Sunday is the Oscars and my laptop is acting stinking peculiar especially when it comes to images and image editing, so I’m gunna hold off even more ridiculously with my London Fashion Week reports to bring you my love of 127 Hours and Gatorade (and James Franco).
A couple of months back my friend Matty who works for Stage brought me to a special screening of 127 Hours with a talk afterwards featuring director Danny Boyle and twitter of course. I hadn’t been paying attention to anything surrounding Boyle’s follow up to Slumdog so had no idea what the film was about. A girl sitting next to me whispered she’d heard reports of people vomiting in screenings on account of the gore in the arm scene. My whole body instantly sank with dread because although I’ve been working on it, I’m squeamish and my tolerance for blood, gore, bone and oddly wrists – even talk of blood - is pretty pointless. I might as well have never been born.
But like I said I’ve been working on it so I decided to relax and just look away at the appropriate time. What’s odd is I can prepare poultry like nobody’s business, even sever leg cartilage and backbone, no problem. When the time came I put up my hand and looked at just a little corner of the screen, which was like his hair and a bit of rock. Worked a charm.
Not enough people are seeing this film! 127 Hours is HOT SPIT. Right from the start it’s so steezy-steeze, very Danny Boyle, high-octane and James Franco is, well, I love how Boyle describes the star’s mastery of Aron Ralston's mindset and thensome. “They’re weird, American actors. I’ve always read this, about how relaxed they are and it is very different from British acting, British acting is quite stiff in a formal way. British actors tend to be, not uncomfortable with the camera, but they’re aware of it. American actors are like...he surfs into things, he’s so relaxed, everything’s relaxed. The camera feels very, kind of easy with him. And I think it’s 'cause it’s their art form, the American’s, really. The French and Indians would disagree, but I don’t really think it’s ours ultimately.”
Actually Boyle had been asked about Franco’s surprising decision to host the Oscars and responded by explaining how unpredictable he is, which made me think Franco is probably more genuinely eccentric than we realise. But I like how Boyle links Franco’s randomness (his tendency to dress up in drag, por ejemplo) to his talent: “Because if he was predictable, if you could double guess him you wouldn’t be able to watch the film because it puts an intolerable burden on a single actor. His freshness and ability to create new moods and tones and intimacies is what actually makes it survive.”
I say Franco deserves the Oscar.
I’m American and I love Gatorade, which I believe is now called G or some stupid shit. I hate ‘G’ so much over Gatorade I don’t even want to clue myself in by googling it. What if Google suddenly called itself G?
There’s a scene in this film about Gatorade and how amazing it is, especially when you’re thirsty because you’ve been exercising in the heat. I laughed my hyena laugh when the old-fashioned Gatorade (not G) bottle appeared on the big screen – I knew exactly how Aron must have felt, kinda.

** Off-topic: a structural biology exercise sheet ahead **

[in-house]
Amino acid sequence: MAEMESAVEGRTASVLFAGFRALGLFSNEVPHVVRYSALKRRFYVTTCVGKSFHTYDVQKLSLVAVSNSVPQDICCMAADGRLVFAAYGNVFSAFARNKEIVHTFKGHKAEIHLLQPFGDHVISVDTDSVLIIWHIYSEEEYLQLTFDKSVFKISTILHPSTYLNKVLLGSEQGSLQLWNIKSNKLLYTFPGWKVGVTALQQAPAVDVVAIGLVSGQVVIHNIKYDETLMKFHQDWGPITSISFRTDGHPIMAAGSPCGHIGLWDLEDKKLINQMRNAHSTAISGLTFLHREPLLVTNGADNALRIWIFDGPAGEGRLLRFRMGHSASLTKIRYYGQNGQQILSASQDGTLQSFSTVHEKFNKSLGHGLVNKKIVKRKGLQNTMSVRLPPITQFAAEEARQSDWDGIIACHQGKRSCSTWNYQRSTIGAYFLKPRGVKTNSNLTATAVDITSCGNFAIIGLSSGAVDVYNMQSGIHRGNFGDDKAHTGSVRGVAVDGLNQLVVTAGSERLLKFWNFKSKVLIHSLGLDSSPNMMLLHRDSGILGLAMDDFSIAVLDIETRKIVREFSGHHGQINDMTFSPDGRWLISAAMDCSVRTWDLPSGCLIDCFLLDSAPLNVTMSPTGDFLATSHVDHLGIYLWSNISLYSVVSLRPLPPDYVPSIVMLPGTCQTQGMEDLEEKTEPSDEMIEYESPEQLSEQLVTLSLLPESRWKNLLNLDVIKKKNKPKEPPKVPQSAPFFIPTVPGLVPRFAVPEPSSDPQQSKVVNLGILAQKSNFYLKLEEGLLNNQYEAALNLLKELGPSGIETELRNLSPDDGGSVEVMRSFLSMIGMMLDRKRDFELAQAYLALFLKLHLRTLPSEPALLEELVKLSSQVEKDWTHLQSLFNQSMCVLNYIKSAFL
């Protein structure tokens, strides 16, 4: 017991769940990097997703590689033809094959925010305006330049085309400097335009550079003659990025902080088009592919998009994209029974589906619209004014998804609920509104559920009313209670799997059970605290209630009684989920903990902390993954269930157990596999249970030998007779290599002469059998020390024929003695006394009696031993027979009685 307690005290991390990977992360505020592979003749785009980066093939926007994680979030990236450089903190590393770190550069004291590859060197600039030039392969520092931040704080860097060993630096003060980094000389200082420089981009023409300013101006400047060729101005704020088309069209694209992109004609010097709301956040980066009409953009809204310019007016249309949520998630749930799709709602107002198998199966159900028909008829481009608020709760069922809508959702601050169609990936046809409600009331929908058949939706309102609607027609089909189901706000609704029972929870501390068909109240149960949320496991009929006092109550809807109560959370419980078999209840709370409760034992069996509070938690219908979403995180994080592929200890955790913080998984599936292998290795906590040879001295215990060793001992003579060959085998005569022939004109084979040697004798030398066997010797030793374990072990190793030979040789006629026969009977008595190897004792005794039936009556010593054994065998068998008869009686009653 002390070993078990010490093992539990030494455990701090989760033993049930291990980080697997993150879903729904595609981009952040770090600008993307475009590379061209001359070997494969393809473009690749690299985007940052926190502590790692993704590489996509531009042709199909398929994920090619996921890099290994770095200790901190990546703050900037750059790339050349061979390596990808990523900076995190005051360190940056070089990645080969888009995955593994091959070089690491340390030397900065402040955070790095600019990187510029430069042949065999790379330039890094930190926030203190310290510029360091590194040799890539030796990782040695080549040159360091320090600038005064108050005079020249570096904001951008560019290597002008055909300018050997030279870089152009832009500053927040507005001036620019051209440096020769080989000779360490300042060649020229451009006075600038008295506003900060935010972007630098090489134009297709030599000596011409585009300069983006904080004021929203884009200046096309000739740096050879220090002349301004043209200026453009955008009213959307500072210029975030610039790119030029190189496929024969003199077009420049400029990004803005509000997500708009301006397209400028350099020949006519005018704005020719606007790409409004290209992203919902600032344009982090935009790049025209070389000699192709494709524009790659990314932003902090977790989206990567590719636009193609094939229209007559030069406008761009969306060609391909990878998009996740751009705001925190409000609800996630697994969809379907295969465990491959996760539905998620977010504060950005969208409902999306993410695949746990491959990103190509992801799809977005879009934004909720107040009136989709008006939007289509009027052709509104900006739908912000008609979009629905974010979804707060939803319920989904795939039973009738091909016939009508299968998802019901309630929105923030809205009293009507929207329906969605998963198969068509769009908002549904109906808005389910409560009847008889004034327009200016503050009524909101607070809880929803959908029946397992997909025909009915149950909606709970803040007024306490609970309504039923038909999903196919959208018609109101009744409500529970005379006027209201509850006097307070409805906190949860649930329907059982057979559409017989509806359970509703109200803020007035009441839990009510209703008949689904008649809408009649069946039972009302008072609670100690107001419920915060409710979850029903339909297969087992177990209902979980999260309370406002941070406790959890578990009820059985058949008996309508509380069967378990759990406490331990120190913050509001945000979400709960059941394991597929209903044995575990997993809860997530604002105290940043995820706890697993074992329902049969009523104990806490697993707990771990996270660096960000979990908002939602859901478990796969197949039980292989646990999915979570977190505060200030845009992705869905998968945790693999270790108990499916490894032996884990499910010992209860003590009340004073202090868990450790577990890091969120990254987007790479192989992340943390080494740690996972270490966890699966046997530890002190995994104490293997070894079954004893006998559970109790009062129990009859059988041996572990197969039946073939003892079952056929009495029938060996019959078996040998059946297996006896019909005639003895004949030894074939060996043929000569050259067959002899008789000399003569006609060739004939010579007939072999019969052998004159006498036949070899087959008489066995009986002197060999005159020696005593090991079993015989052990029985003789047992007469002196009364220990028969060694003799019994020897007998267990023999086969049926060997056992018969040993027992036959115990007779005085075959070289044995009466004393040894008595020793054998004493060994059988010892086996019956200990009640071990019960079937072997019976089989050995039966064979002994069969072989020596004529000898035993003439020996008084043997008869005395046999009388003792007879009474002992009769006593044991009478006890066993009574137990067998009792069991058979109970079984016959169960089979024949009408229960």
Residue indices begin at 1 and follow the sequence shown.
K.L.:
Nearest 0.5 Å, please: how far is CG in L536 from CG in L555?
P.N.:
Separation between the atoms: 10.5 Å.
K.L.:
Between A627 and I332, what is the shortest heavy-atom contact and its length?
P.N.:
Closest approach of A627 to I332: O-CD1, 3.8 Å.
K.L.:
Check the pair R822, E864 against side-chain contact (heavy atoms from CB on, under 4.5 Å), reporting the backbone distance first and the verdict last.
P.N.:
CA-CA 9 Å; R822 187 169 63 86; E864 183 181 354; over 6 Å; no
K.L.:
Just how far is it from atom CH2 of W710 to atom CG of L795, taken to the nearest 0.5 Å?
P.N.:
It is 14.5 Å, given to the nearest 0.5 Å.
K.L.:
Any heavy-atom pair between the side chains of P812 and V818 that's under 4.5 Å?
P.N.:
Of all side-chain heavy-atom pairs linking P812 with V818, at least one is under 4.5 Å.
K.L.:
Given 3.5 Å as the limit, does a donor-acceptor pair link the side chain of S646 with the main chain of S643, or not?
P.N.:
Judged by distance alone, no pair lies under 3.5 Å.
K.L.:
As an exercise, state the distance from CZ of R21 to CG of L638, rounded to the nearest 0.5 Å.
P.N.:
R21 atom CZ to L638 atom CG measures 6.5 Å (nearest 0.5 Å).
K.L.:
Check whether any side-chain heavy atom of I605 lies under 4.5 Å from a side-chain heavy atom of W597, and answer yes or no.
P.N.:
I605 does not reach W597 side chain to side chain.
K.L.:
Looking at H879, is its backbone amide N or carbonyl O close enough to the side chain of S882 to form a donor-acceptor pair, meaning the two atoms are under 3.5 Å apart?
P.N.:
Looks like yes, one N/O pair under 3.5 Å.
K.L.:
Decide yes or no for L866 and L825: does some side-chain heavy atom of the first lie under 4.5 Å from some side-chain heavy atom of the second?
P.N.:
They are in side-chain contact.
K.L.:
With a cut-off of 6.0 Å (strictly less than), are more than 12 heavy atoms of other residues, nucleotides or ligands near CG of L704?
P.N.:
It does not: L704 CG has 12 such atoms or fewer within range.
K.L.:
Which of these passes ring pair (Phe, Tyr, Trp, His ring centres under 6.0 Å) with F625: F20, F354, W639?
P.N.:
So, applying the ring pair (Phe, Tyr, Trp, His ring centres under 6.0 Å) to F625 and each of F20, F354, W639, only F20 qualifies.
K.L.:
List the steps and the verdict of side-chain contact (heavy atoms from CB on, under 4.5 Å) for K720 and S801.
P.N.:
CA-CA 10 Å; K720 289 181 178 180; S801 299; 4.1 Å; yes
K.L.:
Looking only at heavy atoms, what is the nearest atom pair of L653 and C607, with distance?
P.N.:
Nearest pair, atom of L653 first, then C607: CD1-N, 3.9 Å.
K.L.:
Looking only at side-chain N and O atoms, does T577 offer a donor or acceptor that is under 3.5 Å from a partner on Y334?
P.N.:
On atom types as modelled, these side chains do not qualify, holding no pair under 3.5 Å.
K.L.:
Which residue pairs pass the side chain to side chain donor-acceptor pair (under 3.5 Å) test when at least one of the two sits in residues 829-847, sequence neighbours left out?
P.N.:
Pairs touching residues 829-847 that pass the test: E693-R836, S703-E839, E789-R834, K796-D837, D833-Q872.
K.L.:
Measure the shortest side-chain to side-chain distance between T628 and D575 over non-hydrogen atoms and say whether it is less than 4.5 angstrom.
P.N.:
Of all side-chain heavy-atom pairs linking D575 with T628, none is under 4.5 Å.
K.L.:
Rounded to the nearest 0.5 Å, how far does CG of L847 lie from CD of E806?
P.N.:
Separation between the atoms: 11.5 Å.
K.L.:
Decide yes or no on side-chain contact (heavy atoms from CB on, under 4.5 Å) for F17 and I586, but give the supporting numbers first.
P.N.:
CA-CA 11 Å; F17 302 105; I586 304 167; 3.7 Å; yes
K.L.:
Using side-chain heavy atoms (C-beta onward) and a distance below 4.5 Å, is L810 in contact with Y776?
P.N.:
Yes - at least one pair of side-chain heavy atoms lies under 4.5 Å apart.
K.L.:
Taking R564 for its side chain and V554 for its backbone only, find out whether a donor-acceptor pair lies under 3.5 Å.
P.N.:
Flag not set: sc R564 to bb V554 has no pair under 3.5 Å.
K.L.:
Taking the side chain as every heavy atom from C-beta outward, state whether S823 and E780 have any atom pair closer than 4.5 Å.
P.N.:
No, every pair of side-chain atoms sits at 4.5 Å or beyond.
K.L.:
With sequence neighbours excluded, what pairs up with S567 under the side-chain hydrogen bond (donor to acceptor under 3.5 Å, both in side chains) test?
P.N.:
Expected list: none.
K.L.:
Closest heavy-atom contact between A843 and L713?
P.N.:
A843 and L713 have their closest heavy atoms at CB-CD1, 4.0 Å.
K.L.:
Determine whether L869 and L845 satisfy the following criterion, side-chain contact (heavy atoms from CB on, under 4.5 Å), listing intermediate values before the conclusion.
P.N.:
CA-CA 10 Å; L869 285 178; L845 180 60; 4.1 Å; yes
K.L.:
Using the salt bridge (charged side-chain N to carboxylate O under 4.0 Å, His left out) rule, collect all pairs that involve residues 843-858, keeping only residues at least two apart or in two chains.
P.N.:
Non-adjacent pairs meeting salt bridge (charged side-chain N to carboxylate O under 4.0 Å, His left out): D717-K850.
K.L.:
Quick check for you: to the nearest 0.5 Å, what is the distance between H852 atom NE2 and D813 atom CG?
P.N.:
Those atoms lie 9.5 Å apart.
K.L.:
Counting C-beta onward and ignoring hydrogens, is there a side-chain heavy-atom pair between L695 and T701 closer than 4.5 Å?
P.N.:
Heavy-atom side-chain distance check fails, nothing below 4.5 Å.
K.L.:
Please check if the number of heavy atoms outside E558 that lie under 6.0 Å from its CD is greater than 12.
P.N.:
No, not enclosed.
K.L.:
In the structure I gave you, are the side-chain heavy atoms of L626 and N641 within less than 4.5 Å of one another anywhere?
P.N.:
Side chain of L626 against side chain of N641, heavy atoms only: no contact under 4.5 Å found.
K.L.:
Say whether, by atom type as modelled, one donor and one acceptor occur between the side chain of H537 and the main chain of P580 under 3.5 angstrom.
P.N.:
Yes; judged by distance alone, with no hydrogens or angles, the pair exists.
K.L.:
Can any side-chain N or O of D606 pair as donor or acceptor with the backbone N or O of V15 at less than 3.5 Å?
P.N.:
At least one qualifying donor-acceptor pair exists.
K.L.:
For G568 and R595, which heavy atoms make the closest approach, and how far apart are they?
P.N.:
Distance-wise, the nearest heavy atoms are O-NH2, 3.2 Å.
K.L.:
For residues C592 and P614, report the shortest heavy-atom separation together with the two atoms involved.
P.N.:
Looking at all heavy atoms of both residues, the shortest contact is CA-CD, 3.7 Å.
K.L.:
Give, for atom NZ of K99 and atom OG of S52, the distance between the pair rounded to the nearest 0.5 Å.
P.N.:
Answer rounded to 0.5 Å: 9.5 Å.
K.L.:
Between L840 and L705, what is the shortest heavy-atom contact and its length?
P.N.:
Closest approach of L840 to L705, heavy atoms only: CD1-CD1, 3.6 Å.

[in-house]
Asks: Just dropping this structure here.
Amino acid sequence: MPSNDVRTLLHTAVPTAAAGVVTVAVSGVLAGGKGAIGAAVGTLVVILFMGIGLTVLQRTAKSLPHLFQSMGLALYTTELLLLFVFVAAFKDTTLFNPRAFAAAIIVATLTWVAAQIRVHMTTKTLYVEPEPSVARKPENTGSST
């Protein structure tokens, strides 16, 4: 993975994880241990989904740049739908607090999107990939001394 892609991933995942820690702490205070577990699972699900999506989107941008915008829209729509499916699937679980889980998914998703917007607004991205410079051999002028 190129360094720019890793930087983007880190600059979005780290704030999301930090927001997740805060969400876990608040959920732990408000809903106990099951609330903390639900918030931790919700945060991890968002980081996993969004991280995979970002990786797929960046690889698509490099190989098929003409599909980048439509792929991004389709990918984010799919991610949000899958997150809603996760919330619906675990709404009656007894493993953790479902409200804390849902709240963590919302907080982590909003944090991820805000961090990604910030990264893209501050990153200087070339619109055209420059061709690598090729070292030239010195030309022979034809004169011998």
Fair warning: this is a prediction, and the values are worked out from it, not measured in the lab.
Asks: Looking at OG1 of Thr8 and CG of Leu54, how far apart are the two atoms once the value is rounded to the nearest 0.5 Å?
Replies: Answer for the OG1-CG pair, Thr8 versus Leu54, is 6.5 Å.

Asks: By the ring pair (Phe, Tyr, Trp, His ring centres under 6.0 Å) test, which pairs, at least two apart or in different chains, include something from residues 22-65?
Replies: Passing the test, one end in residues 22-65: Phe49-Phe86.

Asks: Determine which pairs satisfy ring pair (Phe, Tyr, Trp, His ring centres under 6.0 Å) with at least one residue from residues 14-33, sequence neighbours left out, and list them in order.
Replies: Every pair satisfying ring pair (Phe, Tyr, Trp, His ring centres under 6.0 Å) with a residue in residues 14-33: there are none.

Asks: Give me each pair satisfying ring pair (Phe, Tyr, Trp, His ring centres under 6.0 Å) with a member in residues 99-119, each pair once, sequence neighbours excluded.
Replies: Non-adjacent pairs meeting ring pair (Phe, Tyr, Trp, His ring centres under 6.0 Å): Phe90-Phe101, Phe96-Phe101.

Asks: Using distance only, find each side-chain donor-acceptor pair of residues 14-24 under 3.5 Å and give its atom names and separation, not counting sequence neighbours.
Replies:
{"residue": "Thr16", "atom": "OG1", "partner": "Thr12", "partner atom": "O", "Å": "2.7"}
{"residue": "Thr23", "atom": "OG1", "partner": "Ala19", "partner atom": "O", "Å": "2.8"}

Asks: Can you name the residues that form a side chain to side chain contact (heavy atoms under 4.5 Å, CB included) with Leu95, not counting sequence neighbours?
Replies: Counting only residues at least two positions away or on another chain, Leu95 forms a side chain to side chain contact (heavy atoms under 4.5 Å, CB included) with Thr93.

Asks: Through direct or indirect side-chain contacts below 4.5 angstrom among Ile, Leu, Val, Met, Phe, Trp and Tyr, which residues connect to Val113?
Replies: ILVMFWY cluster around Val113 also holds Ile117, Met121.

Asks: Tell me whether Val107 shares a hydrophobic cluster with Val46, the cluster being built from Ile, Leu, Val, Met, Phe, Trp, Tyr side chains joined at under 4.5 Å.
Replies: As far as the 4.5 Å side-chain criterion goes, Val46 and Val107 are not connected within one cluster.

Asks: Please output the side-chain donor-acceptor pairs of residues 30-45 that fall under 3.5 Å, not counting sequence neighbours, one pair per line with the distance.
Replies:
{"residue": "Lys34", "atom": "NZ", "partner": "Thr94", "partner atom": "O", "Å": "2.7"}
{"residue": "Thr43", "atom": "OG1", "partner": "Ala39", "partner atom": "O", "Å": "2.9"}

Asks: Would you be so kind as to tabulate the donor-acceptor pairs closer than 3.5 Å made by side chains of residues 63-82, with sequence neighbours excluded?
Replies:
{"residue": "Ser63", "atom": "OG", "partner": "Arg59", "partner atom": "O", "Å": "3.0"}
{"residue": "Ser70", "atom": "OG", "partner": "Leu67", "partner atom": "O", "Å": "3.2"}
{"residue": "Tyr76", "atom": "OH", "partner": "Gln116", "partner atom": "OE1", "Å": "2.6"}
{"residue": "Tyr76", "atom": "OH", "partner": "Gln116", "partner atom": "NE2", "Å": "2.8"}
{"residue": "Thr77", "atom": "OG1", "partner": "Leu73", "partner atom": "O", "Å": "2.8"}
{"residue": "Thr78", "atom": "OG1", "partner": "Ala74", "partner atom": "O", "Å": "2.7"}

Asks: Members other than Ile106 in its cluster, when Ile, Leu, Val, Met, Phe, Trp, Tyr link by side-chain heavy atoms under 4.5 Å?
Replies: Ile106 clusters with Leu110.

O man, Gatorade takes me back to my Oklahoma youth. I think I have earlier memories of Gatorade gum than I do of the sports drink. There was only one sports store in Edmond, my hometown, where you could buy it and it was insane – I’m getting all puckery and mouthwatery just thinking about the foil wrapping.
I missed Gatorade so much when I moved to England, there was even a newsroom joke about it in when the RTT moved to Twickenham. I finally managed to get one of the nearby newsagents to carry it but then I got a new job and left Twickenham a month later. Everyone thought it was funny because nobody else bought Gatorade except me - their loss. Nothing is better for hangover, which is the main reason I wanted it back then (post press day balm for the system).
Gatorade’s real purpose in my life was for about a dozen years before that, guzzling after an eight-mile run in the Oklahoma blisterning sun, mid-summer. I remember holding a full half litre bottle once standing to talk to someone after a long run in 100degree heat (once upon at time I was a little badass). This acquaintance’s head was turned for like 4 seconds and when they looked at me again the magic tangerine liquid was gone. He gave me a squinty look like something was wrong with me.
I could chug keg beer faster than the entire swim and soccer teams in college – something I was rightfully proud of – all due to my early Gatorade gulping training.
Gatorade is the bomb, trust.
My husband who is British and runs and did not grow up with Gatorade now orders it in powder form from the USA. That’s the best way of doing it really because you can tweak the water-to-amazingness ratio based on how hot it is and how hard you’ve just worked your ass.
Anyway my point is: Gatorade and James Franco - go on and get you some.